The thick envelope hung suspended in the mail drop shaft. I tapped on the glass a few times to free the white rectangle, but I expected nothing of the reward from a vending machine. If the letter fell, I would receive no candy bar or chips. Instead, my gratification would come from moving a story along.
The paused parcel reminded me of the pilgrimages we all take. For the lost and alone, the trip might be a daily walk to a corner drug deal. For the religious, the holy lands of a faith can represent an ultimate homecoming.
For me, the end of June beckoned in my boyhood.
A seven-hour drive meant my feet could stand on the land of Door County, Wisconsin, by day’s end. My lungs could fill with the mix of pine forests and lake water, and my stomach could fill with cherry ice cream and Swedish pancakes.
Our family route never strayed except for minor detours in construction zones. We stopped at the same rest area for the same lunch: a picnic of deli meats and cheeses, a can of original Pringles and M&M cookies Mom had baked the day before and frozen for the trip.
Dad drove the entire way, up through Milwaukee, when we had to turn off the radio, and my sister and I were forced to quit fighting so Dad could concentrate in heavy traffic. We traveled through the old tunnel in the city’s downtown, a part of the trip now only a memory because of infrastructure upgrades.
Back then, the summer afternoon disappeared into the cadence of tunnel lights.
By the time we made it to Manitowoc, we’d eat at the Elbow Room, a local haunt filled with smoke and stares at our family of four, out-of-towners. After the meal, we always politely told our waitress we were full. No dessert, thanks. We’d drive down near the harbor to the red-and-white-striped awning of Beerntsen’s Confectionary.
The ice cream shop is still there, but the portions have shrunk. New laws have eliminated smoking in restaurants, and the interior renovations at our traditional dinner stop have made the place look bland. The grit of a dive establishment left with the removal of the dark wood paneling and wrought-iron wall decorations.
Dusk on those trips found us crossing the Door County line, and we all settled in for a week of zero distractions on a peninsula where most bends in the roads include a view of Lake Michigan. My parents never worked on vacation, and my sister and I could never bring friends. Family time was sacred.
But as summer faded into school days, another annual pilgrimage began amid the snowflakes of winter break, though the route stayed much closer to home.
In what my aunt had dubbed “The Jelly Run,” she and my sister and I would don festive hats, blast Christmas oldies in the car and unload holiday cheer upon extended family members. Homemade cookie platters strained against the plastic wrap next to jellies packed into jars we’d saved for my aunt throughout the year, now decorated in festive cloth and adorned with tiny, handwritten labels noting the recipients.
The three of us would ping pong our way to houses in two counties like an ornament falling through the boughs of a Christmas tree.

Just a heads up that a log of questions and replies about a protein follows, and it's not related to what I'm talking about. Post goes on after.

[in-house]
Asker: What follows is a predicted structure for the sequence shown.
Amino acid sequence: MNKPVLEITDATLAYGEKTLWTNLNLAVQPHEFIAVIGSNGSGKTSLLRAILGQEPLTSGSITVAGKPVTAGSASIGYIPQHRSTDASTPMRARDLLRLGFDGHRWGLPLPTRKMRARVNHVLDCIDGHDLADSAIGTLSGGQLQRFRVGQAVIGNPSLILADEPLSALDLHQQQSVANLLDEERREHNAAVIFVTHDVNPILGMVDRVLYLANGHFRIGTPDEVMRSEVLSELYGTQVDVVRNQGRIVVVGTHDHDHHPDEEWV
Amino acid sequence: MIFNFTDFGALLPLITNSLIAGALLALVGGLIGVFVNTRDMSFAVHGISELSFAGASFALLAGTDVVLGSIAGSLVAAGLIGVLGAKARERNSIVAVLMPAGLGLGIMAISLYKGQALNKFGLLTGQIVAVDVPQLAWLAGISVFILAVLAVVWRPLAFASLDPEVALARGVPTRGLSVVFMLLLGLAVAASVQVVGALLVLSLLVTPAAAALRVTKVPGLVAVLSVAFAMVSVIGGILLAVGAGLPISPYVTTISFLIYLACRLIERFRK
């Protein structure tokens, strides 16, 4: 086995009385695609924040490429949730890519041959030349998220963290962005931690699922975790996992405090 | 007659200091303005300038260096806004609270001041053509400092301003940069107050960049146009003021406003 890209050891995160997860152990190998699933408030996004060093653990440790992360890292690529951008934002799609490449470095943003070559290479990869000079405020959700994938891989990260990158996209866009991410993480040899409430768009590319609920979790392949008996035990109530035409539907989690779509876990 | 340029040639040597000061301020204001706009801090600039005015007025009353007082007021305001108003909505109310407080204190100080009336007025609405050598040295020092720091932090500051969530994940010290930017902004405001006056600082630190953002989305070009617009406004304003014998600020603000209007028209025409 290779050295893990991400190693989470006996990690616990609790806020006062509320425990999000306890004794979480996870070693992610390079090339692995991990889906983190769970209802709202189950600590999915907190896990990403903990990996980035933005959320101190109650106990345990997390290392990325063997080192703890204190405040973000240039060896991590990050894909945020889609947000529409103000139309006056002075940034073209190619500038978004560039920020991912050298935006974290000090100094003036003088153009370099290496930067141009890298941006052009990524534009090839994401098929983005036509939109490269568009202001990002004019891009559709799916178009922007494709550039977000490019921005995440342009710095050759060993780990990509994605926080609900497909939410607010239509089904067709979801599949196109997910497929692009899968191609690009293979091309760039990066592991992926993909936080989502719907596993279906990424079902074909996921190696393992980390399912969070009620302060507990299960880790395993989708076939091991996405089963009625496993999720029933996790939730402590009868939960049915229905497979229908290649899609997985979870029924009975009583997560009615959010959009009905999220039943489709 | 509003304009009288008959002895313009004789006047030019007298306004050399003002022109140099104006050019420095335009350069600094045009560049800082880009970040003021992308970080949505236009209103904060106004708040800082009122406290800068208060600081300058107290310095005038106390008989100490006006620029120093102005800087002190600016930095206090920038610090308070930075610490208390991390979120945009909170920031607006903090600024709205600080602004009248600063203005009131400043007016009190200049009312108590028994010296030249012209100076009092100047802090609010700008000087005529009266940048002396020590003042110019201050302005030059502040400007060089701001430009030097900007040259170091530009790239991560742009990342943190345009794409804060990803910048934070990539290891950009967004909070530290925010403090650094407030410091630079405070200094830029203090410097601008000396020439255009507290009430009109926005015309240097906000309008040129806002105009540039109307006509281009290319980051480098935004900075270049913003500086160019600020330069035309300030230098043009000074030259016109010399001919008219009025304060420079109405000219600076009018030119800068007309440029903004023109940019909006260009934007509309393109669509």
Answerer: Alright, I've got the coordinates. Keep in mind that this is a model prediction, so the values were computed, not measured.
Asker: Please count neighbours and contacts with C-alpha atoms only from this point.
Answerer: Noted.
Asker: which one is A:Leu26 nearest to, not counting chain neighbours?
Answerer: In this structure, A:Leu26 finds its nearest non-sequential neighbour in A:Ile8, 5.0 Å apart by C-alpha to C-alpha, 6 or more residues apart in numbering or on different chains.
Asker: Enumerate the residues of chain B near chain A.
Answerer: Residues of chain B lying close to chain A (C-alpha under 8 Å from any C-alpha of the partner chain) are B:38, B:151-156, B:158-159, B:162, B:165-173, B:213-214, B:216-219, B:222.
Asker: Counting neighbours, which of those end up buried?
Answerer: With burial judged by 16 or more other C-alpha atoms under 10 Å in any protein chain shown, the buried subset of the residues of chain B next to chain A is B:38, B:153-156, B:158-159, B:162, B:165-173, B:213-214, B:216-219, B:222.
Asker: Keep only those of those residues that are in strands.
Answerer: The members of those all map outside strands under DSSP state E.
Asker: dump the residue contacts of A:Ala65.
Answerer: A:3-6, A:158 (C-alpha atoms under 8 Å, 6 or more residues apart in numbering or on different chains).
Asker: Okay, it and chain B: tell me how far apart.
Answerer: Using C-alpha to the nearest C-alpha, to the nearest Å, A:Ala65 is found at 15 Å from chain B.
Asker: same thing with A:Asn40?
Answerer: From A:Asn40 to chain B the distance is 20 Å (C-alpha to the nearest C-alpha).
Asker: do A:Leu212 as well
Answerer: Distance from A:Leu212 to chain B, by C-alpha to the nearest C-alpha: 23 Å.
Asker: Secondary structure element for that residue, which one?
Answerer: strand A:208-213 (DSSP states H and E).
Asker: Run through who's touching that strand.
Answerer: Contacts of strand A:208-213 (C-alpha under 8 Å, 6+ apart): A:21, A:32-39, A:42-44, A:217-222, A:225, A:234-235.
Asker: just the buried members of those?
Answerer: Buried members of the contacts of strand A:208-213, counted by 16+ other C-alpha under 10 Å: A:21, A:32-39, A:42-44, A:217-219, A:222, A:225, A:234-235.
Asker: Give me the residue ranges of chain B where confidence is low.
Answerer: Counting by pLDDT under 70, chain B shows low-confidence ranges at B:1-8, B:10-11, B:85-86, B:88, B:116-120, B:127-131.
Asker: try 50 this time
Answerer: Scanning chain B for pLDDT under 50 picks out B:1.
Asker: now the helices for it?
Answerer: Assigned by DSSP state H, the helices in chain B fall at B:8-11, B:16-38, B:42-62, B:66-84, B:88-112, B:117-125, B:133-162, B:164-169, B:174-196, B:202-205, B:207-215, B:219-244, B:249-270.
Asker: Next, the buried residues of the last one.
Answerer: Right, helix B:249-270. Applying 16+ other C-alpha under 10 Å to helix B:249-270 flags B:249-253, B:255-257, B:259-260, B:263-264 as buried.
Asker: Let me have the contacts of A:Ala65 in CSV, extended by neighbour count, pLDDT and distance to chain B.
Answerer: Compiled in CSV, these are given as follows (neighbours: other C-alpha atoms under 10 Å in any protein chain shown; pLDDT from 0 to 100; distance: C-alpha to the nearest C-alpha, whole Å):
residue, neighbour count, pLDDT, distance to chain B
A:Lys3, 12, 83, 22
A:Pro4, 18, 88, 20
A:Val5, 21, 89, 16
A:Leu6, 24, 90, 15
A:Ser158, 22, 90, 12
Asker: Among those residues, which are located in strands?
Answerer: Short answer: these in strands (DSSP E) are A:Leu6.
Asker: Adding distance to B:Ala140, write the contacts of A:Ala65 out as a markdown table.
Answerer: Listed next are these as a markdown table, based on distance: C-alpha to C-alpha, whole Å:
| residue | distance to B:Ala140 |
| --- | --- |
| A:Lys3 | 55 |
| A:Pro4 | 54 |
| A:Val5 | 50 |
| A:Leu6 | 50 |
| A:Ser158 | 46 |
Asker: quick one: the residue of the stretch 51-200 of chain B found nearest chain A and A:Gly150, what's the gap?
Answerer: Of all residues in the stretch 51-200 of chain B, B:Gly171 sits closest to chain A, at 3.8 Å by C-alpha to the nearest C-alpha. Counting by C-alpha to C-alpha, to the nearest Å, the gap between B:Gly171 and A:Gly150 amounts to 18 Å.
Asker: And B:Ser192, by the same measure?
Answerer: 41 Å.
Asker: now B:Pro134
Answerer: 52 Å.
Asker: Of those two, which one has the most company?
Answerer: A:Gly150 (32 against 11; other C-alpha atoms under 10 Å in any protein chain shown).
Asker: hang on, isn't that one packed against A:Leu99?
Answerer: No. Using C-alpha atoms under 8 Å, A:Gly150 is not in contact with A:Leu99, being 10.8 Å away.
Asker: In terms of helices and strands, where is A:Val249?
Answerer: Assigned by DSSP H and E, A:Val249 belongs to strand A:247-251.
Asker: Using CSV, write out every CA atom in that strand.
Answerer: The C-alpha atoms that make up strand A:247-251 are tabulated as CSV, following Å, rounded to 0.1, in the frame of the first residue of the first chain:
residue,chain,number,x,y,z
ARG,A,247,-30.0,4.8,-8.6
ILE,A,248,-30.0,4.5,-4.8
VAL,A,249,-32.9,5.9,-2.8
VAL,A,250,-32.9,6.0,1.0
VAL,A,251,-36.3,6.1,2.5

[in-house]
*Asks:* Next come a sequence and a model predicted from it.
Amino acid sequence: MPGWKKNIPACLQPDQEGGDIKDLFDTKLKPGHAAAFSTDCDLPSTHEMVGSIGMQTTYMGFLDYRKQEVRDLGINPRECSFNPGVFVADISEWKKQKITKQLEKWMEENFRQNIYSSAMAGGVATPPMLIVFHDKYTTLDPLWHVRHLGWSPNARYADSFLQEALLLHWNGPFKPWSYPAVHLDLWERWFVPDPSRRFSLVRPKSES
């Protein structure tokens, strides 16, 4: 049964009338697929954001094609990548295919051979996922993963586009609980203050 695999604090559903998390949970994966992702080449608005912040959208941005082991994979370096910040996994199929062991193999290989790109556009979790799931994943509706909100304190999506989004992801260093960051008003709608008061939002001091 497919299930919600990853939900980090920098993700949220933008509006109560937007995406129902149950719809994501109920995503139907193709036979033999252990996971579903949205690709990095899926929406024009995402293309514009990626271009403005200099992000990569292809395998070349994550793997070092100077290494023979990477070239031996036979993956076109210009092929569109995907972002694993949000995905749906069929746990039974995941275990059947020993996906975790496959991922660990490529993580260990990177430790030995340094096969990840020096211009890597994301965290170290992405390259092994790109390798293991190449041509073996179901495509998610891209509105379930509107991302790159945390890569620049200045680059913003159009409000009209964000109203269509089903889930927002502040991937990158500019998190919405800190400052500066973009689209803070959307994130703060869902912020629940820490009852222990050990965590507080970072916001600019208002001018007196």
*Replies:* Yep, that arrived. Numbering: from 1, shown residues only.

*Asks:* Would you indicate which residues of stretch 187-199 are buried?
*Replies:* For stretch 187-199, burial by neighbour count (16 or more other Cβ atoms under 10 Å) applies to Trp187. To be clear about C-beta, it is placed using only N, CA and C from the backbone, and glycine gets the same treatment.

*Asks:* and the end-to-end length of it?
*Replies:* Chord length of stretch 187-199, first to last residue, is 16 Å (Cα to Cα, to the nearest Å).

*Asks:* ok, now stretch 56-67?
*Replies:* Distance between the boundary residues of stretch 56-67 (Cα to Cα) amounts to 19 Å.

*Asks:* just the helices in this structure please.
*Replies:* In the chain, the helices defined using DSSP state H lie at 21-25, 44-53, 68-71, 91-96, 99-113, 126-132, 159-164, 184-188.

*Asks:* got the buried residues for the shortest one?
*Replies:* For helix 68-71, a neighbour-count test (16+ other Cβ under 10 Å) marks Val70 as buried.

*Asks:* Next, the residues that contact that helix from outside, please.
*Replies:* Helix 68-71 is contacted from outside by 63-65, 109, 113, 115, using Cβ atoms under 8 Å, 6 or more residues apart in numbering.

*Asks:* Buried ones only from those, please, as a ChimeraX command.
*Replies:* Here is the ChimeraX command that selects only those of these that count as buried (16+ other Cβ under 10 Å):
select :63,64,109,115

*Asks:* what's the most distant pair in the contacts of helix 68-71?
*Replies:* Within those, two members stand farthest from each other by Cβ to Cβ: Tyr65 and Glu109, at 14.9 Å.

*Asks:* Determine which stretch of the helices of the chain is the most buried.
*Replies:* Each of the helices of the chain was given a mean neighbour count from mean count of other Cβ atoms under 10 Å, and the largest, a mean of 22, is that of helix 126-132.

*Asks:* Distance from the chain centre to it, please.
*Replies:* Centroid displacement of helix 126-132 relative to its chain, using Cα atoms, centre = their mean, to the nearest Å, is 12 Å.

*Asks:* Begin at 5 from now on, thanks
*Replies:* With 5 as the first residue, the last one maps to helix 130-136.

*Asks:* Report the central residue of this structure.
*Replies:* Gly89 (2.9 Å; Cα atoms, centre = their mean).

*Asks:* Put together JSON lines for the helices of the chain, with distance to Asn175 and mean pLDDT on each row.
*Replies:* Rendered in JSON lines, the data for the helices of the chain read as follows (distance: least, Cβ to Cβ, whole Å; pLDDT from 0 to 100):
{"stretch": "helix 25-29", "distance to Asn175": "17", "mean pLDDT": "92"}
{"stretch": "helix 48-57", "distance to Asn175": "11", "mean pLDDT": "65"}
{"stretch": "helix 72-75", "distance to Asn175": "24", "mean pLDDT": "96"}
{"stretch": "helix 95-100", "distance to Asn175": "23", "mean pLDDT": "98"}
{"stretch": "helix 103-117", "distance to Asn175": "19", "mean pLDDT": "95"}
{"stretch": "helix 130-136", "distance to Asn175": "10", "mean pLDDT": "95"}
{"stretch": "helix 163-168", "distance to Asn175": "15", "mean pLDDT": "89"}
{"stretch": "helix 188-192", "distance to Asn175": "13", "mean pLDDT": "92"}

Our route started in my hometown with the empty house of a great-uncle gone to Texas each winter. His goodies stayed cold in the natural refrigerator of the screened in porch. We’d fit the narrow gifts between the storm door and the front door while the neighbors peered from their kitchen window to see who might be robbing the house.
Next, the great-aunt and great-uncle who owned an auto shop where we could drink pop in glass bottles and eat my aunt’s fresh cookies, sugar to balance the air sour with the oil and grease.
Down the road, we pointed toward the Mississippi River and a great-aunt who lived in a two-story house twenty steps from the riverbank. When ice gripped the river’s edges, we’d test the thickness with a boulder tossed from the boat ramp. A dull clunk granted my sister and I time to slide around in the whipping wind as we walked on water.
The trip wound back through the countryside to my grandparents, another aunt and uncle with our younger cousins and finally to the old farmhouse warmed by a wood-burning stove. Another great-uncle, a World War II pilot, lived in the isolated home hand-built by relatives of a generation long gone.
Often our trip started well before my sister or I wanted to wake up on a Saturday and lasted until we were late for the big pre-Christmas family dinner. My parents used the time to cook, clean and set up for company with my sister and me out of the house.
The map has shrunk, and in the past several years, the trip has lasted a few hours if we’ve stretched it.
As our family’s old guard has died, the piles of cookie plates and stacks of jelly jars have dwindled so that they slide around in the lid of a paper box. Treats used to overtake half of the backseat. My aunt would have to mediate arguments about who would ride all day shoulder-to-box with the collection.
Similar to summer luggage and winter sweets, that letter in the drop shaft needed somewhere to go. It remained lodged behind the glass, and I needed to leave for work, a pilgrimage of its own but never as fulfilling as those yearly trips to the Door and door-to-door.